Much of the debate on terrorism in the West has been on how it could be prevented or how Western countries could be protected from terrorist threats. Less discussed is the question of why certain combatant groups engage in terrorism but not others. Moreover, is terrorism even an effective way for groups to advance their agendas? We invite Professors Peter Krause and Max Abrahms, two of the foremost scholars writing on terrorism and political violence today, to debate the logic of terrorism and the controversial question of its effectiveness.
Peter Krause is an assistant professor of political science at Boston College and a research affiliate with the MIT Security Studies Program. He has previously published articles on the effectiveness of national movements and political violence, U.S. intervention in the Syrian civil war, the politics of division within the Palestinian national movement, the war of ideas in the Middle East, and a reassessment of U.S. operations at Tora Bora in 2001. He has offered his analysis of Middle East politics, political violence, and the Boston Marathon attacks with many national, international, and local media outlets.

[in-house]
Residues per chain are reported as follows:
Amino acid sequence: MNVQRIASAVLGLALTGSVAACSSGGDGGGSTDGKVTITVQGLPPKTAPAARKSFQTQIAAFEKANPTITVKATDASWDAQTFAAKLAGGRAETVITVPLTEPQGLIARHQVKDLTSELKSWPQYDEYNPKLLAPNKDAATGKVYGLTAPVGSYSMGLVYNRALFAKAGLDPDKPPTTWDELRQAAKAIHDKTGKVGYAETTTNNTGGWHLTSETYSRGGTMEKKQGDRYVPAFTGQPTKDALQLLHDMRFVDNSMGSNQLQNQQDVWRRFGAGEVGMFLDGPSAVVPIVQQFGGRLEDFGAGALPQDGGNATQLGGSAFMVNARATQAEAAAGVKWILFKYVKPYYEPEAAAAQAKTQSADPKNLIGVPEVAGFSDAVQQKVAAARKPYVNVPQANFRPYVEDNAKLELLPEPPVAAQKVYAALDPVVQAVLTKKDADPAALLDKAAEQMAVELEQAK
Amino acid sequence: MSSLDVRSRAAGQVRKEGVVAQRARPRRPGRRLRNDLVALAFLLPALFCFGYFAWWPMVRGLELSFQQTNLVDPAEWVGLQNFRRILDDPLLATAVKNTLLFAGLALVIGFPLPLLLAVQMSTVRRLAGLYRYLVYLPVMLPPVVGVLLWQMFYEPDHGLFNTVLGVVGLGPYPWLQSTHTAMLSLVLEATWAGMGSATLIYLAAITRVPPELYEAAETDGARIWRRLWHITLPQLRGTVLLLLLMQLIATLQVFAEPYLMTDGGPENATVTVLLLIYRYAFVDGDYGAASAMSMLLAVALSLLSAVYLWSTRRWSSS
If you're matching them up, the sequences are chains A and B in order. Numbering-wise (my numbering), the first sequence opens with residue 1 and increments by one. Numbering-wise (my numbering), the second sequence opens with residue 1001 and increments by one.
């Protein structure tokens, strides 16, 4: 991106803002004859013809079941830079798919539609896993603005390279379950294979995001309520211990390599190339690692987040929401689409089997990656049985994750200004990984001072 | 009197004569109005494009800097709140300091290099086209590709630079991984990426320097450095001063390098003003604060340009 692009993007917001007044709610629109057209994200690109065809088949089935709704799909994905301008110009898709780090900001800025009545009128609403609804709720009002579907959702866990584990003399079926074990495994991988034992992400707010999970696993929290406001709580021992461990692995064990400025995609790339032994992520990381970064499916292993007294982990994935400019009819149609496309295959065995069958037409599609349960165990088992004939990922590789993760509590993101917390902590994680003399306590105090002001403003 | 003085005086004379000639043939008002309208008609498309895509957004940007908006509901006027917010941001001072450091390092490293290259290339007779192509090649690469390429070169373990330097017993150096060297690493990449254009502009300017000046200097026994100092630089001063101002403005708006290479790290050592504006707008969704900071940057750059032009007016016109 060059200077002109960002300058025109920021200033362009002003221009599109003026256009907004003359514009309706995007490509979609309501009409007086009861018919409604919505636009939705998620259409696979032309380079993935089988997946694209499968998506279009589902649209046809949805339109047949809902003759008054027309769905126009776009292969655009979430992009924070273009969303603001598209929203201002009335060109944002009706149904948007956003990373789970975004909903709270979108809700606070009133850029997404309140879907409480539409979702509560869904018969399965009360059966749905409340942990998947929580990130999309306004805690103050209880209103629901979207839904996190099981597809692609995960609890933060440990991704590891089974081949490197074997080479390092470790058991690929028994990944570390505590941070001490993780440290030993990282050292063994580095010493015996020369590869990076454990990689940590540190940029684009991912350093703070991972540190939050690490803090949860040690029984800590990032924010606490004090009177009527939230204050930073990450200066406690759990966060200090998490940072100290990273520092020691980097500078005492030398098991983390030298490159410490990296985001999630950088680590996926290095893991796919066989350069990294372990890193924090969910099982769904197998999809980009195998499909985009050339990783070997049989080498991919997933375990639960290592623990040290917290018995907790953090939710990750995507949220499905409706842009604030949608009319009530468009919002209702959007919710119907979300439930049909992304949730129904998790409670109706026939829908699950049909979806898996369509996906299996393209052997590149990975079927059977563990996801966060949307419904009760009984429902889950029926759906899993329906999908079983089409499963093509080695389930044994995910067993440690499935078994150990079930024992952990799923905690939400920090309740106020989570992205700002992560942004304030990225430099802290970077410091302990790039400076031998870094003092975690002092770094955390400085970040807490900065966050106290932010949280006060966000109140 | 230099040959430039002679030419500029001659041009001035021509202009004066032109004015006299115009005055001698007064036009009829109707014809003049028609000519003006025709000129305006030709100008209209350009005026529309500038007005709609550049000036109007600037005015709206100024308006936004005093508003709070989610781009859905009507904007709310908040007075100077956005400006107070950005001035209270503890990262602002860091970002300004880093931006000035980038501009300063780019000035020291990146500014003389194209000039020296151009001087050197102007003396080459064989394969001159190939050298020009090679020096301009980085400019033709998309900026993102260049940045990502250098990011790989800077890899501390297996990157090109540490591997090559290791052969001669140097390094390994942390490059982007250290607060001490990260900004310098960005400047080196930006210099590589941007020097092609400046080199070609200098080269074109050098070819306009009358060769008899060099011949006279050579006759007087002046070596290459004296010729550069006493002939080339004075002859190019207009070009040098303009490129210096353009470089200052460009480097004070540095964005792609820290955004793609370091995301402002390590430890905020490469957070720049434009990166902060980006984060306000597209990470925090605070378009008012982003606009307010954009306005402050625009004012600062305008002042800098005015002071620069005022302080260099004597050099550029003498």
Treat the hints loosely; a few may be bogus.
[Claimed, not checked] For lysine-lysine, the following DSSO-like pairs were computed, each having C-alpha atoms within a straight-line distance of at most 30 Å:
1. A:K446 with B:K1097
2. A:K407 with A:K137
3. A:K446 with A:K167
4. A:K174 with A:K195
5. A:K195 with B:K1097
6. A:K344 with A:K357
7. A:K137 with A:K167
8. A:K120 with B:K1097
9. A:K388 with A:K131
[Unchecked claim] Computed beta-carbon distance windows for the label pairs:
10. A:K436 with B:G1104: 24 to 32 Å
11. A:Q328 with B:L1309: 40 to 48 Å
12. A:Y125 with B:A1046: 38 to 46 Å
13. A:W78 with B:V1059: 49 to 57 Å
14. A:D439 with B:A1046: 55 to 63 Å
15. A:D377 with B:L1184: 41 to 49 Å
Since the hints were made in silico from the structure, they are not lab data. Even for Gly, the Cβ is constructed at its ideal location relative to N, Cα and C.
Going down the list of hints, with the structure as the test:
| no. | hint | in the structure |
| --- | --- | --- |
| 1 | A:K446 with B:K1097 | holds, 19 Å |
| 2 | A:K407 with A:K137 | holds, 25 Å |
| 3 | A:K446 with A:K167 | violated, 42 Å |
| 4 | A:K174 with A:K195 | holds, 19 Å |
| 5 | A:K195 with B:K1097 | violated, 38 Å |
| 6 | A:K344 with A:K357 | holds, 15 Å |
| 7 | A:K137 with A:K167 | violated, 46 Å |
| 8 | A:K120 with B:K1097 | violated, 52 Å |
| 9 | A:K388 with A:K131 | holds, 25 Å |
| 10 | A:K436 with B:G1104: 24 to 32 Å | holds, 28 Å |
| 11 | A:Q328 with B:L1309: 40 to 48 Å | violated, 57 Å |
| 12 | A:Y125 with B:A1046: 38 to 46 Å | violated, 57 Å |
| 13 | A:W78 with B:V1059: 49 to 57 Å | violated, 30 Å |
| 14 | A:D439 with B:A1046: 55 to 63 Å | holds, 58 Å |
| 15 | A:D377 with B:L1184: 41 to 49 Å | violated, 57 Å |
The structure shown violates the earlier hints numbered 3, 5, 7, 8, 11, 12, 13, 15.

Max Abrahms is an assistant professor of public policy in the Department of Political Science at Northeastern University. His work on asymmetric conflict focuses on the study of civil war, insurgency, nonviolent protest, and terrorism. He is a frequent terrorism analyst in the media, especially on the consequences of terrorism, its motives, and the implications for counterterrorism strategy. His publications have appeared in leading journals, such as International Security, Security Studies, Comparative Political Studies, International Studies Quarterly, and International Organization.